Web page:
• euphorbia and nepetas (which are in the salvia family).

Perennial Borders

Perennials are where you can have a lot of fun. Stick them everywhere you?ve been devoting to annuals. They are more expensive to start with, cheaper in the long run. You can put annuals in containers next spring because you don?t want to be without them either.

No matter what you buy, cut the plant to within 7 cm of the base. You do not want the plant to waste any effort on trying to maintain a bloom or even get to the blooming stage if you?re in a warm enough place. All efforts should go into making a solid root system.

Give it a good soak and then plant at exactly the same depth and width as the pot. Don?t mess about cultivating the soil, this is tucking plants in and the natural processes of the soil will do the rest of the work. If the soil needs amending, add it to the surface, but don?t fertilize this late in the season. Just water deeply.

Here are some wonderful plants that will terrific this time next year:

  • Boltonia asteroides, looks like an aster but is twice as high;
  • any of the new phloxes that don?t get mildewed such as ?David? (pure white) or ?Mount Fuji?;
  • all of the new forms of toad lilies, Trycertis spp are candidates for great autumn performances.

What to divide:

Fall is a good time to plant or divide peonies. People keep repeating the axiom that peonies don?t like to be moved. This is not true-they don?t seem to mind at all-so don?t be intimidated by this. Cut back any foliage left, chop the root system in half or three making sure you have at least three eyes (the places where the buds develop) on the root stock. They should be planted in rich soil dug to about 30 cm deep. Place the roots about a centimeter below the surface. Don?t mulch this year. Again water deeply after planting.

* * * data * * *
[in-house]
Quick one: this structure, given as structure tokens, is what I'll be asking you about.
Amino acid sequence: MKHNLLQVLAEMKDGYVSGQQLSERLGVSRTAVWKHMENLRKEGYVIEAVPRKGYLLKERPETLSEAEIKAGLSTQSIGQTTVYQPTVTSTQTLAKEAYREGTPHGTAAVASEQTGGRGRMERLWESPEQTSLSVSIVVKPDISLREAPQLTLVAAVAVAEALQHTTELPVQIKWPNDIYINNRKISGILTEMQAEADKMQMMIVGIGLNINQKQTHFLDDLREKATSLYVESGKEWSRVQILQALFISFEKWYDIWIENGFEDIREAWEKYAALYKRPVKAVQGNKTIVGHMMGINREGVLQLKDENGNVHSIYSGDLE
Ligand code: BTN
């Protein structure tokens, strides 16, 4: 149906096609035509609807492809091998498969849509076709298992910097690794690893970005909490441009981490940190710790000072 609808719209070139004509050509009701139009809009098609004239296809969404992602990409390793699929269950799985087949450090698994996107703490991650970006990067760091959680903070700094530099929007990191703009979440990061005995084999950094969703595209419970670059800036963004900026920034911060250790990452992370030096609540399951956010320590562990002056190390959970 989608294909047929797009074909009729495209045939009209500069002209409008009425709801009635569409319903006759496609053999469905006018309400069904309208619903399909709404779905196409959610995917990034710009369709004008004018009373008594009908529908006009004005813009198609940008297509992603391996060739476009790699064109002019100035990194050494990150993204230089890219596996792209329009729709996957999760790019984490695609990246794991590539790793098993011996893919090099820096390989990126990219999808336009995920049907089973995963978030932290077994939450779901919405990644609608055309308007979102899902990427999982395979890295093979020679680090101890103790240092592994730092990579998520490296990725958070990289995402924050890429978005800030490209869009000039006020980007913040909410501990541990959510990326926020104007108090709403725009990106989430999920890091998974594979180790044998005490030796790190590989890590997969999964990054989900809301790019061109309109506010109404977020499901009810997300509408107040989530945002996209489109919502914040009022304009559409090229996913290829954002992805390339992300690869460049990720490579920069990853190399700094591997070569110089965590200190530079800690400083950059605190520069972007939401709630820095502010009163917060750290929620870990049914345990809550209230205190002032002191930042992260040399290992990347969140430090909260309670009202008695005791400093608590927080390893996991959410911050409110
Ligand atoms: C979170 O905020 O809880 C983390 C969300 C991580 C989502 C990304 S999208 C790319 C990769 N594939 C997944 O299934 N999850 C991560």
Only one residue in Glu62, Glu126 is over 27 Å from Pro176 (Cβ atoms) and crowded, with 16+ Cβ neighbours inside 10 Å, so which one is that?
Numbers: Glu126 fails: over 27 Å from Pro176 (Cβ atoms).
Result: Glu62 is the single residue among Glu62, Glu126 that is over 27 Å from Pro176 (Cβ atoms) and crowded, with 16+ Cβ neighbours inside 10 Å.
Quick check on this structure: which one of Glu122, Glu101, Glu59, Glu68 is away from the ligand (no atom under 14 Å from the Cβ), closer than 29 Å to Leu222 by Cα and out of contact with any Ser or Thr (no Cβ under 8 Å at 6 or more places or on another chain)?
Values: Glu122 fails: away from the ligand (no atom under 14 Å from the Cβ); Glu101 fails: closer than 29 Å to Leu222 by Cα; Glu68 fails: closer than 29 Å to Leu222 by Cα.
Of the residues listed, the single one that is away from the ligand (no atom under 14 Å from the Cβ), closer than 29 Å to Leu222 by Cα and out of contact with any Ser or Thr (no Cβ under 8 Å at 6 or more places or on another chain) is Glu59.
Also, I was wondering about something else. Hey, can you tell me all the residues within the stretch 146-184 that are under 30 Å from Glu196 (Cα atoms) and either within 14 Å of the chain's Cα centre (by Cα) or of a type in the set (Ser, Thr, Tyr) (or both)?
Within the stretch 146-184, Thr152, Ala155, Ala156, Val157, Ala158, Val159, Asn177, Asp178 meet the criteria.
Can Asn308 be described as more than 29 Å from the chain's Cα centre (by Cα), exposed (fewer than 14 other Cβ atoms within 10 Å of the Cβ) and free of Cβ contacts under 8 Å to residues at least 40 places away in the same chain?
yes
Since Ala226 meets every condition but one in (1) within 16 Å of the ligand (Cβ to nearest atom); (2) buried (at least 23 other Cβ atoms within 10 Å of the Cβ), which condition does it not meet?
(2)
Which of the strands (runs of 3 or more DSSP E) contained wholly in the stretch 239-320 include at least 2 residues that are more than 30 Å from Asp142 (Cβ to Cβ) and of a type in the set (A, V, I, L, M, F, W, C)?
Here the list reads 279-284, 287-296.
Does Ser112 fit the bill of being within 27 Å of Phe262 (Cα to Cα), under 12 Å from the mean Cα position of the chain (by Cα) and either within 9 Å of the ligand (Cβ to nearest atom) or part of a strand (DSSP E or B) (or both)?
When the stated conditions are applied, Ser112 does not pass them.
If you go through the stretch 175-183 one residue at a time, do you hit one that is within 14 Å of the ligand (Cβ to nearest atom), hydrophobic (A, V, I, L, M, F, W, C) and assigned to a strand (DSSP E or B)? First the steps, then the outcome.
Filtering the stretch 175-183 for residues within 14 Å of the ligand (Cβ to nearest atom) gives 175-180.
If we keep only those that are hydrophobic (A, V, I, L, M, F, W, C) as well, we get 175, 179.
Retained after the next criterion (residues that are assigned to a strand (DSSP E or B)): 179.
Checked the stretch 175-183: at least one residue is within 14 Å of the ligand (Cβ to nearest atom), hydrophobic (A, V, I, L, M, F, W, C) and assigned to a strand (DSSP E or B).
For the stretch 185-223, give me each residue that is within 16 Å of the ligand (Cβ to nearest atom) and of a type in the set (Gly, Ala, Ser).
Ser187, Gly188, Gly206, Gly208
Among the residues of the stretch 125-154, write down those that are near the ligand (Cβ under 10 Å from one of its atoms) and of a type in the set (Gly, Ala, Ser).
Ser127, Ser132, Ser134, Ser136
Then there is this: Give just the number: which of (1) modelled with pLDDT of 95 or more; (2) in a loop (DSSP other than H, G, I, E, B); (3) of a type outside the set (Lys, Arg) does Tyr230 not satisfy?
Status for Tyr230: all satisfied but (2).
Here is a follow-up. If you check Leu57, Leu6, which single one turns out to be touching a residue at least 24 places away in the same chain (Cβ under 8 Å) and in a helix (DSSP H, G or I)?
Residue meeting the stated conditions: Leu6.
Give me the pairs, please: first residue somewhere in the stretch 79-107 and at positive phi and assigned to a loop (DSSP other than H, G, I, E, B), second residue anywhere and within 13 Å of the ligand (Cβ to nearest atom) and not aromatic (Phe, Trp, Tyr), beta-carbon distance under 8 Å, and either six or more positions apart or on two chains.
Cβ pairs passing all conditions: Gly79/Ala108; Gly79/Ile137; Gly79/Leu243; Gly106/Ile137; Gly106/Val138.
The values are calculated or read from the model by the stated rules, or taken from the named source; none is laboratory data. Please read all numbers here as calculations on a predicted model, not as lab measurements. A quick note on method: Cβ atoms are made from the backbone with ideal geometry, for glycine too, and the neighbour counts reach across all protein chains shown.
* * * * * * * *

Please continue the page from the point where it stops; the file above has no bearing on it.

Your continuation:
Hostas, along with almost any other perennial not in bloom can be divided. Dig them up with a good bit of soil attached to the root, make a hole that will comfortably fit the divided plant and pop it in place. Back fill with the soil removed, and then water. Again don?t amend the soil. It isn?t necessary and a lot of digging about will only encourage weed production.

Woody Plants

This is a great time to plant roses. Shrubs such as buddleia which is a late summer early autumn bloomer in this area doesn?t need a lot of watering. Russian Sage or perovskia is another with low water needs, and shines silver in full sun and has bright blue blooms in autumn.

Some xeric woody plants:

  • callicarpa;
  • Hybiscus syriacus or hardy hybiscus;
  • eastern redbud Cercis canadensis;
  • nannyberry or Viburnum lentago;
  • and Russian olive, Eleagnus angustifolia are all striking plants.

How to Choose Woodies:

In dry areas, nursery stock has suffered along with gardens. This year you can?t always expect to find something in first class condition. Look for plants that have been as well cared for as possible. If you are unsure about the health of a plant, find out what kind of a guarantee you can get. Look for a tree that hasn?t had plastic surrounding its trunk all summer. Insects just love to get under there to burrow and bore. If you must have one with plastic check underneath to make sure it?s healthy looking with a straight form and leaves that look relatively unscathed.

To plant trees and shrubs use the following technique:

Soak the plant as soon as you get it home. Then measure and dig a hole to the same depth, and no more than twice as wide. Though you can mush up the bottom of the planting hole don?t add any amendments. Plant slightly higher than ground level. This is called ?planting proud? and it means the water will fall away from the base rather than running trunkwards risking rot. Make sure the base of the plant is just slightly above the ground level (you can see the ring that indicates this above the root system). A mistake far too many gardeners make is planting the base below soil level. Depend on it, they will start to struggle within a week or two.

Use a hose and dribble water in slowly for an hour or more. Keep it watered deeply for a few weeks and slow it down to once a week. When there?s a sign of frost, stop. And then get out the mulch.